Laura Gomez - Orange is the New Black - LEAD
Credit: courtesy

When we first meet Blanca Flores, Orange Is the New Black's frizzy-haired inmate played by Laura Gómez, she's screaming in a bathroom stall, presumably at herself. Later, we realize that she's actually hidden a cell phone behind one of its walls and was talking to her boyfriend, using her erratic behavior as a cover. It's that kind of ingenious stunt that makes you realize, when it comes to her character, there's more than meets the unibrow. "She's very wise," said Gómez, a native of Santo Domingo, Dominican Republic, on a recent visit to InStyle's N.Y.C. offices. "The things she says are odd, but everything makes sense when you think about it." Below, she talked more about getting a backstory, her on-set transformation, and how OITNB reflects real-life political issues. Spoilers ahead.

Did you have any idea that the Latinas were going to become the majority at Litchfield?
Not at all. I didn't even realize how powerful [the group] was until I saw it on-screen. It's a writer's gift to humanize these characters and shock everyone's expectations. We discover a different side of Blanca—I call her Revolutionary Blanca. I love the hints in the backstory of how her temperament is already there, brewing to the point of becoming the one who gives everybody else the courage to rebel.

Were you surprised by Blanca's backstory?
I remember reading it and going bananas. In season one, Blanca was a bit of a caricature—she didn't seem to have very many layers. But she likes books; she took care of the elderly. There's functionality to her life behind the crazy physicalities. I always joke with my Latina castmates that she has the most functional relationship of them all. It's ironic that the craziest one has the most functional relationship!

Laura Gomez - Orange is the New Black - EMBED
Credit: courtesy of Netflix

That NSFW scene was definitely shocking ...
I did not see that coming! I texted [OITNB creator] Jenji [Kohan], "Oh my god, this is insane!" But it makes so much sense. As a person, I might be shy about it, but as an actor, it rocked! It really shows this animal side of Blanca, which you can see in jail when she challenges authority.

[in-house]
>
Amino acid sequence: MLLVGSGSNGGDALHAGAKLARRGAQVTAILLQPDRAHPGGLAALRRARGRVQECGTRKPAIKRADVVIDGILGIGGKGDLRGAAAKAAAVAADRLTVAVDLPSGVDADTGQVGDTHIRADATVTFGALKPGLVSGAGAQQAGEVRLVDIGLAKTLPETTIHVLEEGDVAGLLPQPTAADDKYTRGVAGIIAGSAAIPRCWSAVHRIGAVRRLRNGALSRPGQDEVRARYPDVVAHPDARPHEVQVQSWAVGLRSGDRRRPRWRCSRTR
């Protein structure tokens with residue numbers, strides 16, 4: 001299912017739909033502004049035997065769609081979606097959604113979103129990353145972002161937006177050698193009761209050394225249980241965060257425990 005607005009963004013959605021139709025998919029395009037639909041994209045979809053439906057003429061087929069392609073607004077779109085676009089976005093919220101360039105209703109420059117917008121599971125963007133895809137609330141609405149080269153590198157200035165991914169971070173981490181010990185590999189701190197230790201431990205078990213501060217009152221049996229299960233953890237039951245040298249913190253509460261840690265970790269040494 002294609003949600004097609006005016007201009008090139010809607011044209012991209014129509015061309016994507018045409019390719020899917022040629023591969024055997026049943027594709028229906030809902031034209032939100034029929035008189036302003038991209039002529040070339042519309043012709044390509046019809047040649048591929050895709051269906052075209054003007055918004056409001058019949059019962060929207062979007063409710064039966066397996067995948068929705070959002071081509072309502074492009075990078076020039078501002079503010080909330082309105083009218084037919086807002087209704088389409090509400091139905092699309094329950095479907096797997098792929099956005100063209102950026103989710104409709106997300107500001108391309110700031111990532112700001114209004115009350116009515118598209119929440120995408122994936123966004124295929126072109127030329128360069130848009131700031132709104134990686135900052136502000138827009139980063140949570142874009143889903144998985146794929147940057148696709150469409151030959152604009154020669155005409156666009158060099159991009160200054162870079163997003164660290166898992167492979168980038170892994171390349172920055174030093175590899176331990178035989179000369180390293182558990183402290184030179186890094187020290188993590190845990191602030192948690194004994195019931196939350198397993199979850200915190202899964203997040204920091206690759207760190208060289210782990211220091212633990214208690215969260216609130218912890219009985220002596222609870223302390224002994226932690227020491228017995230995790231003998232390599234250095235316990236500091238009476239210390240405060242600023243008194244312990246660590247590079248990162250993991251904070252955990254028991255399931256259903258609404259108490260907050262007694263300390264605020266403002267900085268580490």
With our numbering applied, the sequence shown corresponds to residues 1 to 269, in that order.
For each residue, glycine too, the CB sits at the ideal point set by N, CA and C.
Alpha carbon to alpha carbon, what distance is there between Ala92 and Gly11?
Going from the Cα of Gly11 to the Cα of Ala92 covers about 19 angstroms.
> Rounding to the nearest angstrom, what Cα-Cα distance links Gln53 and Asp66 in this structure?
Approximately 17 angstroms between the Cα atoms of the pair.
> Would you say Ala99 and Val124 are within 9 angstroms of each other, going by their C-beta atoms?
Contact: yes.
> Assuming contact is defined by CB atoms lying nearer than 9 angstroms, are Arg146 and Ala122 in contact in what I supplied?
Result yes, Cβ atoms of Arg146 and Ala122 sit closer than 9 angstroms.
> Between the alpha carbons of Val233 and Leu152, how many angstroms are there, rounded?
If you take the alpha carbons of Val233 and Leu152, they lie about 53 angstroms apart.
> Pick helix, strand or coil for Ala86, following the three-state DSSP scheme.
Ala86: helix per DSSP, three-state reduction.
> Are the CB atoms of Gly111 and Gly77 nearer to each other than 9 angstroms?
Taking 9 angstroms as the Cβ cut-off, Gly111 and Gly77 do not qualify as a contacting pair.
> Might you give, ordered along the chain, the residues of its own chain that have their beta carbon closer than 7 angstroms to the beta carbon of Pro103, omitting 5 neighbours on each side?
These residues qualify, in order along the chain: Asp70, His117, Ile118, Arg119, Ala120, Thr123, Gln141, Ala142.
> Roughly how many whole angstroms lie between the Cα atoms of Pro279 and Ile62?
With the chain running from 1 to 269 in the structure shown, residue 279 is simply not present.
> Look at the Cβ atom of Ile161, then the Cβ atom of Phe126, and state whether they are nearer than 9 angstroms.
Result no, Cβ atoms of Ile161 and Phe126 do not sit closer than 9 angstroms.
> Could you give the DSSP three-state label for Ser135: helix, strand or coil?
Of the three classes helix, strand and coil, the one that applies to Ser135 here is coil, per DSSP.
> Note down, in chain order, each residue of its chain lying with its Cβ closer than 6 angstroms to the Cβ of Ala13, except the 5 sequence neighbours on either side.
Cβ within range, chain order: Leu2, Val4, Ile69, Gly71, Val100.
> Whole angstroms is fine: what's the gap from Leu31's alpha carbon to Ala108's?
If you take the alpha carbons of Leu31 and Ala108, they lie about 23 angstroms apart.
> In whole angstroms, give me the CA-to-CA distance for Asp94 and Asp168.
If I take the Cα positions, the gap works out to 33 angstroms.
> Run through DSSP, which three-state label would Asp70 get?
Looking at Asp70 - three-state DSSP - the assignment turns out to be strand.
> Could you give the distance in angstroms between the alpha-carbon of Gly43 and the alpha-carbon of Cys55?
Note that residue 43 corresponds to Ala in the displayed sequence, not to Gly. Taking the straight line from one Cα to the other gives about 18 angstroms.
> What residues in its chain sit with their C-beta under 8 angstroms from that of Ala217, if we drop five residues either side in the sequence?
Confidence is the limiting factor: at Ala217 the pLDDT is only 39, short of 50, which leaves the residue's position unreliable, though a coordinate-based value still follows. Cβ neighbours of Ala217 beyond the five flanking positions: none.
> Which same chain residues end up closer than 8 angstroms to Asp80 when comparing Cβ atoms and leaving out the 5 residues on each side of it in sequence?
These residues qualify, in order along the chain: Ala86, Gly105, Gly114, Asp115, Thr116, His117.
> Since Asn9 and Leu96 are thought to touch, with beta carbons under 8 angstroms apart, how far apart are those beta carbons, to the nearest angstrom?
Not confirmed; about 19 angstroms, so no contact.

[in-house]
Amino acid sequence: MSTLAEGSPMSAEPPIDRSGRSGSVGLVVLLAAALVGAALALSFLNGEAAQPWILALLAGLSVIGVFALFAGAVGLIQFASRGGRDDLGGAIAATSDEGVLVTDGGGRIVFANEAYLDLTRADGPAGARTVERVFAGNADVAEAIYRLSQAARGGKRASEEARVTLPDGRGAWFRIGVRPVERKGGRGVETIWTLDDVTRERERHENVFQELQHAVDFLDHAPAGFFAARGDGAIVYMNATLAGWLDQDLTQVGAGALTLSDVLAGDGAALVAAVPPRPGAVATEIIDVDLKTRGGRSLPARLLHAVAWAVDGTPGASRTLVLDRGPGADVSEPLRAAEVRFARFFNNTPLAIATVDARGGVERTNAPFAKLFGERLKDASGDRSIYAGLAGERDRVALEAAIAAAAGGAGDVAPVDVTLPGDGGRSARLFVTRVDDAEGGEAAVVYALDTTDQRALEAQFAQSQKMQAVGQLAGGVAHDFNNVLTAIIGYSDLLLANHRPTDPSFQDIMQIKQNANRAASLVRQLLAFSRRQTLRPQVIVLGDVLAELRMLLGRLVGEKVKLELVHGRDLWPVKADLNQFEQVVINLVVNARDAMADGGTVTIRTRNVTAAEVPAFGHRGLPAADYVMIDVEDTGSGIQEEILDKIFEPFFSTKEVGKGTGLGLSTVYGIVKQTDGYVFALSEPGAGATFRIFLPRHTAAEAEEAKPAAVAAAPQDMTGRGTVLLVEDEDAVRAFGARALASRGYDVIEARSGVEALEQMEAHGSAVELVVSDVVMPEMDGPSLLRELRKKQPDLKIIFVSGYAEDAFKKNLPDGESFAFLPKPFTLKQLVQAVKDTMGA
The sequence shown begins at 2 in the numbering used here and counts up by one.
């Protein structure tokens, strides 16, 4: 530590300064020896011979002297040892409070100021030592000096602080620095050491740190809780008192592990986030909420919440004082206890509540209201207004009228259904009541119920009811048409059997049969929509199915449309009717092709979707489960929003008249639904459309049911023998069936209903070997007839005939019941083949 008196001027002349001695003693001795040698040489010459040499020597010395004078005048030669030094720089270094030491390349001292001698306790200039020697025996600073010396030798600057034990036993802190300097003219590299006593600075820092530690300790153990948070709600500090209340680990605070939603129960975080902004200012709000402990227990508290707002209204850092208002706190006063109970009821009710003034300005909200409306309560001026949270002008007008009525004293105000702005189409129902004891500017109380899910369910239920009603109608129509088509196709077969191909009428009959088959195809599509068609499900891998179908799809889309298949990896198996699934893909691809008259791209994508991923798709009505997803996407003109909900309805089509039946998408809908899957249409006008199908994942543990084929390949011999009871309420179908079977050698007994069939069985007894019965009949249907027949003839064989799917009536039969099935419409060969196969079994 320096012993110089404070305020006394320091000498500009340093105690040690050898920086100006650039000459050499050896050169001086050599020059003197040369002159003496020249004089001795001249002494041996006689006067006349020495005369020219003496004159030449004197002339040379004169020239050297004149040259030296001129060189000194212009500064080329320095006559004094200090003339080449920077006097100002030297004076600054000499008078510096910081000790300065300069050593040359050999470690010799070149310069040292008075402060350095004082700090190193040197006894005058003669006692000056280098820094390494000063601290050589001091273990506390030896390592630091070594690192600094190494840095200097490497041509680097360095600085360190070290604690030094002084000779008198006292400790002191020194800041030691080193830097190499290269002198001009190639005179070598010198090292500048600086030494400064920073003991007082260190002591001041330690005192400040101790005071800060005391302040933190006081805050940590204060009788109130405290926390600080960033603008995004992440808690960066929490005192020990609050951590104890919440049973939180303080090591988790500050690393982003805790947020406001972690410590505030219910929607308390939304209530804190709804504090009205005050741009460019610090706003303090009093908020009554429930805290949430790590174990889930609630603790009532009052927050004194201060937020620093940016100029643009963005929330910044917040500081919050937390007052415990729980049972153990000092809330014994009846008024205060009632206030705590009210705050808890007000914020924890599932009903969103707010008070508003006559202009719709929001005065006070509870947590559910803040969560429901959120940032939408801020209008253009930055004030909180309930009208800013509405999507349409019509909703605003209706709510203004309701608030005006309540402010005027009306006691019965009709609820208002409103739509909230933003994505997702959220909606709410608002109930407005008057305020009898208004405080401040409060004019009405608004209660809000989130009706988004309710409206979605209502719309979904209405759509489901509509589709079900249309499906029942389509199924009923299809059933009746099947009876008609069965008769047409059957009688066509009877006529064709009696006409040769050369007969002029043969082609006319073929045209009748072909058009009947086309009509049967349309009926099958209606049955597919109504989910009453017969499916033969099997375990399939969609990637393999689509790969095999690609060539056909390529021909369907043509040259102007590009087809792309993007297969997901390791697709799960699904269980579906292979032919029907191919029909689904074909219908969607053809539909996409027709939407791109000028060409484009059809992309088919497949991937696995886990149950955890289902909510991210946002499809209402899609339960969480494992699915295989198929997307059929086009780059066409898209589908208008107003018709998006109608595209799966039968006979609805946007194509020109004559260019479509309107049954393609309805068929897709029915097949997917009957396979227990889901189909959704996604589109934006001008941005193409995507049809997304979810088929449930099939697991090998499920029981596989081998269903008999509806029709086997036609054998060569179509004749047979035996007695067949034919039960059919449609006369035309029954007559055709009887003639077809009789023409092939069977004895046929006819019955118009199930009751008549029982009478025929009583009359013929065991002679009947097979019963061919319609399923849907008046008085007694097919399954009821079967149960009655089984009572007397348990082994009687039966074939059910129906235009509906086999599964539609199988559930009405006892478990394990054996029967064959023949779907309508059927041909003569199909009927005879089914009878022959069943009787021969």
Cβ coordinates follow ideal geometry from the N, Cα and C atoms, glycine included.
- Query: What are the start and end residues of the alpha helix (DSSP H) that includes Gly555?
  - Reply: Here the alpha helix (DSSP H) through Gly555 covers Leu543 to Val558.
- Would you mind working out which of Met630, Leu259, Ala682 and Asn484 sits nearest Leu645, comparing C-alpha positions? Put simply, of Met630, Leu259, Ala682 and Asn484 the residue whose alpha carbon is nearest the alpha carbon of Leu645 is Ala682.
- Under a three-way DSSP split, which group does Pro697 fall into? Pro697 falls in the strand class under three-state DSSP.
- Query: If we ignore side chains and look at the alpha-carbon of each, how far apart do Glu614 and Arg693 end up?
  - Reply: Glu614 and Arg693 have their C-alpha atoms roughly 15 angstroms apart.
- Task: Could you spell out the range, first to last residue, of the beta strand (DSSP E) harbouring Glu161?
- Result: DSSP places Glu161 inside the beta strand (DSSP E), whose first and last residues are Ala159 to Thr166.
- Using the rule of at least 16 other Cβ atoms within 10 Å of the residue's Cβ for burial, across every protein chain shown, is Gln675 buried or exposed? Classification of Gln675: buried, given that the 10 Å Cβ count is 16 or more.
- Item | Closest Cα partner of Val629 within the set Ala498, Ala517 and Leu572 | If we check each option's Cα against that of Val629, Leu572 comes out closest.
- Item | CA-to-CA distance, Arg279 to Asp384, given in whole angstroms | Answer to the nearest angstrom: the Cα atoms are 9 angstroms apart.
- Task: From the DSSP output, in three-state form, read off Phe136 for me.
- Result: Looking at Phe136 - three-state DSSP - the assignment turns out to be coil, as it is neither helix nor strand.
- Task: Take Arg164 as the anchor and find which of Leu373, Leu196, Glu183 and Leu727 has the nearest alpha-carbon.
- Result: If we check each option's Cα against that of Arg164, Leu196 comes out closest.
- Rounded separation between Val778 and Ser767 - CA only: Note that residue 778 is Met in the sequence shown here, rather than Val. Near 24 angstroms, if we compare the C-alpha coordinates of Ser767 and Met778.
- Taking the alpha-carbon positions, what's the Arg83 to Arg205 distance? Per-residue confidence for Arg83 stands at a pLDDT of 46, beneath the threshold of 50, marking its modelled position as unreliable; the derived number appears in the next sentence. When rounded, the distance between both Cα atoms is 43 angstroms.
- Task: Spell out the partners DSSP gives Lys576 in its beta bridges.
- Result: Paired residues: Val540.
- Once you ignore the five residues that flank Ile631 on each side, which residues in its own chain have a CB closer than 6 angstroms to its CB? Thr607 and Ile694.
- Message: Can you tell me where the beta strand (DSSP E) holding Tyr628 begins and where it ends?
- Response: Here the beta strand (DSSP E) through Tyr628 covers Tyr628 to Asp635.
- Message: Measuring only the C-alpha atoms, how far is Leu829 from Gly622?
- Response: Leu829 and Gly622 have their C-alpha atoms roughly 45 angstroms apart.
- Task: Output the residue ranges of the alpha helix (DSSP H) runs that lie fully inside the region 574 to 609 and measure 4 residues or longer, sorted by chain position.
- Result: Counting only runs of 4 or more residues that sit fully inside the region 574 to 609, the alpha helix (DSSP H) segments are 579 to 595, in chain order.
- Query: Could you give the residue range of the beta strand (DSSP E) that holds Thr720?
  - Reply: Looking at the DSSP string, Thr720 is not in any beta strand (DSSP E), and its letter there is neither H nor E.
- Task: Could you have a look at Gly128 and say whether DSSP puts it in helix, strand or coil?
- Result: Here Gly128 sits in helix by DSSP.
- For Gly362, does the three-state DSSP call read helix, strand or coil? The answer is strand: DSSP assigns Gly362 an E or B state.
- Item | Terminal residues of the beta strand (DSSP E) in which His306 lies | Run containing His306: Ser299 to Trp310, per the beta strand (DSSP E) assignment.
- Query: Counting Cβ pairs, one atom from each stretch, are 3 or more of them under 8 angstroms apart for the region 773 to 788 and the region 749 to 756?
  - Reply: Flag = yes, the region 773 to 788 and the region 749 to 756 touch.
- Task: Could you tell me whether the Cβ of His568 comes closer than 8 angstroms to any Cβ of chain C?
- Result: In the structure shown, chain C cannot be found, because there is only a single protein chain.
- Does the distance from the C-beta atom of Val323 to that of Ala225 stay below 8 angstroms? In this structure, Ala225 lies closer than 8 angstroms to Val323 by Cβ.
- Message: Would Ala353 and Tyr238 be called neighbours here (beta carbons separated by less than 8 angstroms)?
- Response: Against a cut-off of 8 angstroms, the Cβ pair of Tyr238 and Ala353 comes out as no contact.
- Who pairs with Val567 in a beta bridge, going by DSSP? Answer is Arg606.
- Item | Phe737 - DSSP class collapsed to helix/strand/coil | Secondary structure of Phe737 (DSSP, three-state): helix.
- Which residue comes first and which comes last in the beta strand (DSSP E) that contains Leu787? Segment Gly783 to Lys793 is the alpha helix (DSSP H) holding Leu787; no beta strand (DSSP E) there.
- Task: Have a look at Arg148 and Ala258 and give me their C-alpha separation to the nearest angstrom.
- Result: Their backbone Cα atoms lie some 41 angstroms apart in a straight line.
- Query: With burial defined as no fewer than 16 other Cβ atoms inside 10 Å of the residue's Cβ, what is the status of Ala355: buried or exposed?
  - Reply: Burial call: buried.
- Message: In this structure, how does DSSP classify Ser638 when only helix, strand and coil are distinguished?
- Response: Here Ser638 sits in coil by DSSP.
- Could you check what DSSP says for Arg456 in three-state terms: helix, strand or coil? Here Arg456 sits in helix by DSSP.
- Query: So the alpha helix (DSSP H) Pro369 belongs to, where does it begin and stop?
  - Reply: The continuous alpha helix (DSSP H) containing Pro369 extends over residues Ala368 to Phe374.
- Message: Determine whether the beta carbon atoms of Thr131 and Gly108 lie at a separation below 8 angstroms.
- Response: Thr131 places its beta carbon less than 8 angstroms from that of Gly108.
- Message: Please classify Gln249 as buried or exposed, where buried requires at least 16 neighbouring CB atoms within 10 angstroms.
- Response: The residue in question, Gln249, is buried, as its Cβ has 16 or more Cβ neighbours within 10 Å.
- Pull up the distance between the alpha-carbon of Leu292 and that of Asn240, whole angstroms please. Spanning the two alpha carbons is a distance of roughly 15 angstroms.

You look nothing like your character. How long does it take you to cycle through hair and makeup on-set?
I try to help as much as I can with my hair—I leave it curly and let nature do its thing. I shower though! I shower. And the unibrow is an eye pencil—our then-makeup artist was inspired by Frida Kahlo. The whole physical transformation is so freeing. It really helps me become the character. There's no sense of vanity whatsoever. In the case of Blanca, I think it's a defense mechanism. Letting herself go like that physically is a way for her to not deal with any sense of self, because you don't feel like yourself when you're in prison.

As a Dominican, do you identify with her overwhelming sense of Dominican pride?
When you're a minority within a minority and all of a sudden there's power in numbers, you can feel validated. This season showed a lot about Latino culture in prison, which is another community of people that the justice system abuses a lot. That's what's great about the show: It mirrors society.

That's sadly true. And recent cases of police brutality made the season finale particularly tough to watch.
That was such a difficult day on-set. It's like Jenji had a crystal ball or something. Whoever is not educated in everything that's going on in the world was certainly educated in that scene.

Did you really stand on a table for an extended period of time?

That was not as difficult as it looked, except that I had recently gotten knee surgery. Every time we cut, I got to sit down. I had a bottle of water. Blanca didn't.

This interview has been edited and condensed for clarity.